People thought life was a miracle, but it wasn't. Life was everywhere. The miracle was knowing you were alive. Sentience. Mind. That was the rare, precious gift.What an absolutely creepy, crazy, and fantastic read. I don't think I have ever used the highlight feature on my Kindle as much I have while reading this book. I had so many quotes that I wanted to start this review with that I had to really narrow it down. I just want to start this review off by saying that I highly recommend this book, even if you think that this isn't the type of book that you would enjoy. I went a bit out of my comfort zone by reading this book and I managed to find a really awesome book.When the book first starts everything is normal and readers are introduced to a few parents and a pediatrician. Readers get to see what their lives are normally like. Normal doesn't last too long in this book when suddenly all the children of the world are die from Herod syndrome. Everyone is struck with grief until the children come back to life. Parents realize that in order for their children to stay as how they were before their deaths they need one thing, blood. How far are these parents willing to go to save their children?This book tended to alternate between being really creepy and at times terrifying to being just plain insane. It pretty much started off being creepy when the children were dying and then coming back to life and then after that everyone just went batshit crazy. The insanity in this book just kept building and building and I was completely hooked. I could feel my adrenaline running while reading this. Half the time I couldn't help but yell out loud at some of the characters.I really enjoyed that the point-of-view switched between the parents and the pediatrician, David. It definitely made the story that much more interesting getting to see the events from different perspectives and getting to see how the characters dealt with those events. Some of these parents were absolutely insane (I'm looking at you Ramona) but I just couldn't get enough of it.Craig DiLouie did a great job mixing the right amount of creepy with the right amount of crazy. I would definitely be interested in reading more from DiLouie. Thanks to NetGalley and the publisher for the galley.One more quote before I go...Herod's syndrome had afflicted the parents worse than the children. Herod had the entire world dancing to its crazy tune.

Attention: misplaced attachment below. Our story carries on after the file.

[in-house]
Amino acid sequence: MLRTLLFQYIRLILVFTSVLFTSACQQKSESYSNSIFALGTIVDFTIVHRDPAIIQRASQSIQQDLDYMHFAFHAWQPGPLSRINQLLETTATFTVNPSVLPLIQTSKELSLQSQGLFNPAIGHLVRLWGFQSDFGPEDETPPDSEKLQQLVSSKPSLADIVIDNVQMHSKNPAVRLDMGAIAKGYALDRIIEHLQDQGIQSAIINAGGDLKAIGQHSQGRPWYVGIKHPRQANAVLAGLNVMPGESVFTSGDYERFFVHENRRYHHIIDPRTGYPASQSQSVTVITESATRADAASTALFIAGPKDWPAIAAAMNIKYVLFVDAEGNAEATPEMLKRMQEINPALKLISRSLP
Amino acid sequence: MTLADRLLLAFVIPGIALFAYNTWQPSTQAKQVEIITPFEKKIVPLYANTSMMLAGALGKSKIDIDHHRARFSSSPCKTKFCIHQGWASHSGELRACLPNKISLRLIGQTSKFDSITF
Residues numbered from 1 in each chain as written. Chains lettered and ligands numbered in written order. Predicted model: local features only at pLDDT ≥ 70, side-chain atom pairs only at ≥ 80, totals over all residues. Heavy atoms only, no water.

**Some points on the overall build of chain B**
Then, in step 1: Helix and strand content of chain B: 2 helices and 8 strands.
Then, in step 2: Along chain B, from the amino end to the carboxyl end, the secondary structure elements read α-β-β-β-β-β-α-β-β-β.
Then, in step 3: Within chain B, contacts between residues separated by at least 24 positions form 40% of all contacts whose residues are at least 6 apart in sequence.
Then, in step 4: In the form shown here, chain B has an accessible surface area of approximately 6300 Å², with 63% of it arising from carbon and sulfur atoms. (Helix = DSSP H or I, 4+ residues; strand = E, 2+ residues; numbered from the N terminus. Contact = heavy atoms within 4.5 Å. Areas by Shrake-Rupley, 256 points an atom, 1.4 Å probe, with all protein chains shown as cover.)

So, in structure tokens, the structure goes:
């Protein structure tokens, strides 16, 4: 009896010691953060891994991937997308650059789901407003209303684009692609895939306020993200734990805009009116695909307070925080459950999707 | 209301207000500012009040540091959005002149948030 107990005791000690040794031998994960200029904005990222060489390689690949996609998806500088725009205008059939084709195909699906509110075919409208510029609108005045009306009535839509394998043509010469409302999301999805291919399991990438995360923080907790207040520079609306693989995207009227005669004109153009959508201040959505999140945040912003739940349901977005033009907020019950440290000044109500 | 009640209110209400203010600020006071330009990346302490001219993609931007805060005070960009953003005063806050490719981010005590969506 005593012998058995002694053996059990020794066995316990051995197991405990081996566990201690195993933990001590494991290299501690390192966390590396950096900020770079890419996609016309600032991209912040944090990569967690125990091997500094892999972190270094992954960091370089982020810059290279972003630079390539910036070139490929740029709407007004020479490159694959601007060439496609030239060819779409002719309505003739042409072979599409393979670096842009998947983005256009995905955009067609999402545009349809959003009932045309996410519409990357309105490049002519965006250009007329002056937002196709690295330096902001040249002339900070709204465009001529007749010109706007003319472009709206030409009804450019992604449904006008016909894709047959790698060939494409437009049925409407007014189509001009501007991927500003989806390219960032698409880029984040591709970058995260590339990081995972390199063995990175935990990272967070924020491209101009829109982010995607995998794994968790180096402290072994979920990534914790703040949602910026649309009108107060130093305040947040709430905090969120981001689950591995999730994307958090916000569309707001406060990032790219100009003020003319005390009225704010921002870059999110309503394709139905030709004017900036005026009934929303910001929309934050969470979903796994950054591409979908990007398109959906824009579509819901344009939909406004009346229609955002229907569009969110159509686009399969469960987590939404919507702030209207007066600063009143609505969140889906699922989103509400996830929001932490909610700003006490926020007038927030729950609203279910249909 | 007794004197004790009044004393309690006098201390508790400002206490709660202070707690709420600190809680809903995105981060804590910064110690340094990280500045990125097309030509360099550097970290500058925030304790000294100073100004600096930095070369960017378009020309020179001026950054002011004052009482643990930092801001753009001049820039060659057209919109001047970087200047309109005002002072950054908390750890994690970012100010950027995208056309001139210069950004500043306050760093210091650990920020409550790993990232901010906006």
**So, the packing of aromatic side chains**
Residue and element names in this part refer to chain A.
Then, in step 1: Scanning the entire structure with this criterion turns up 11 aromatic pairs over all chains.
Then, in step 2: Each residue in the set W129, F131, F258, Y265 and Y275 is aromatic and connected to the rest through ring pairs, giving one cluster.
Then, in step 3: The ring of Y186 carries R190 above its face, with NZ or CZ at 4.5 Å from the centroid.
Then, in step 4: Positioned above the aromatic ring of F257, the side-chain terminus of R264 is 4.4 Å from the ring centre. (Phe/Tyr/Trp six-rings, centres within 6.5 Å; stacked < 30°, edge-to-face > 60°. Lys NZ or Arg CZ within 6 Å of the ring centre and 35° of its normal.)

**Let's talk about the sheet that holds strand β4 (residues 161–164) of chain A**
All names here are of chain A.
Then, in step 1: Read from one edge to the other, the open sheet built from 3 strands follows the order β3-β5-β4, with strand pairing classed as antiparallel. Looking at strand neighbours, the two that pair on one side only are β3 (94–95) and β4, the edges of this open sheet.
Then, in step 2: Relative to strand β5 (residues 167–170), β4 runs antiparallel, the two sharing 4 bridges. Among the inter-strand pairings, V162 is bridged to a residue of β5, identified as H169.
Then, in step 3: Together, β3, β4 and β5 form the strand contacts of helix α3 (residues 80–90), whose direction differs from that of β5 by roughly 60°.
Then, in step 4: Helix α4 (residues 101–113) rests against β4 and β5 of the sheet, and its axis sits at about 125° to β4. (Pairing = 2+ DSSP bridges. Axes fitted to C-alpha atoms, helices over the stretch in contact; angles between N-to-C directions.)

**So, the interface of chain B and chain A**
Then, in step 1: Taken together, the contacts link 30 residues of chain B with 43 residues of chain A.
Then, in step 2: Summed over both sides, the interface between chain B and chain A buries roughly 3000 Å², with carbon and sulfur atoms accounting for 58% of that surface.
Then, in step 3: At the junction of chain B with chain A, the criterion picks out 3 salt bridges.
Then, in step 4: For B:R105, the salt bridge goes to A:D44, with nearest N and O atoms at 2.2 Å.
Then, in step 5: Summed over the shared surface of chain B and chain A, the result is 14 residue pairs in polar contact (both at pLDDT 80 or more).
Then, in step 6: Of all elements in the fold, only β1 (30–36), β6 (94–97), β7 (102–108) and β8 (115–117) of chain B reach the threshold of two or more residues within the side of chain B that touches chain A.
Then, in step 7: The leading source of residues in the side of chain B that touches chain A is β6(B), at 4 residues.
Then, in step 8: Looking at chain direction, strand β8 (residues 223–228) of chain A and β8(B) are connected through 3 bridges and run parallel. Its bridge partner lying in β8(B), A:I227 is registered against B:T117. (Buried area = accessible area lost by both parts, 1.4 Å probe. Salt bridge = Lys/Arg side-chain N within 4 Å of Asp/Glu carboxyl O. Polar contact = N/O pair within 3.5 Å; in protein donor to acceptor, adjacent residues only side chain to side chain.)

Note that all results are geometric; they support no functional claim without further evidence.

• (5/5)
    What a story! This is disturbing and might be tough for some to read but....the narrator, RC Bray, I've listened to him many times, never fails to enhance the expierience. The story was a first for me in regard to the author as well as the storyline. Finally something different. It is a powerful smack to humanity, exploring the selfish, caulessness we all possess and what length we would go to for what is ours. Sooo well done and realistic you can believe that is how it would be in this reality. The characters were so well developed that you started to feel for them with a kaleidoscope of emotion. I highly recommend this story and look forward to another story by this author. The only thing I could say that would excite me more is if the narrator did another of the authors stories, that would be a home run.
  • (5/5)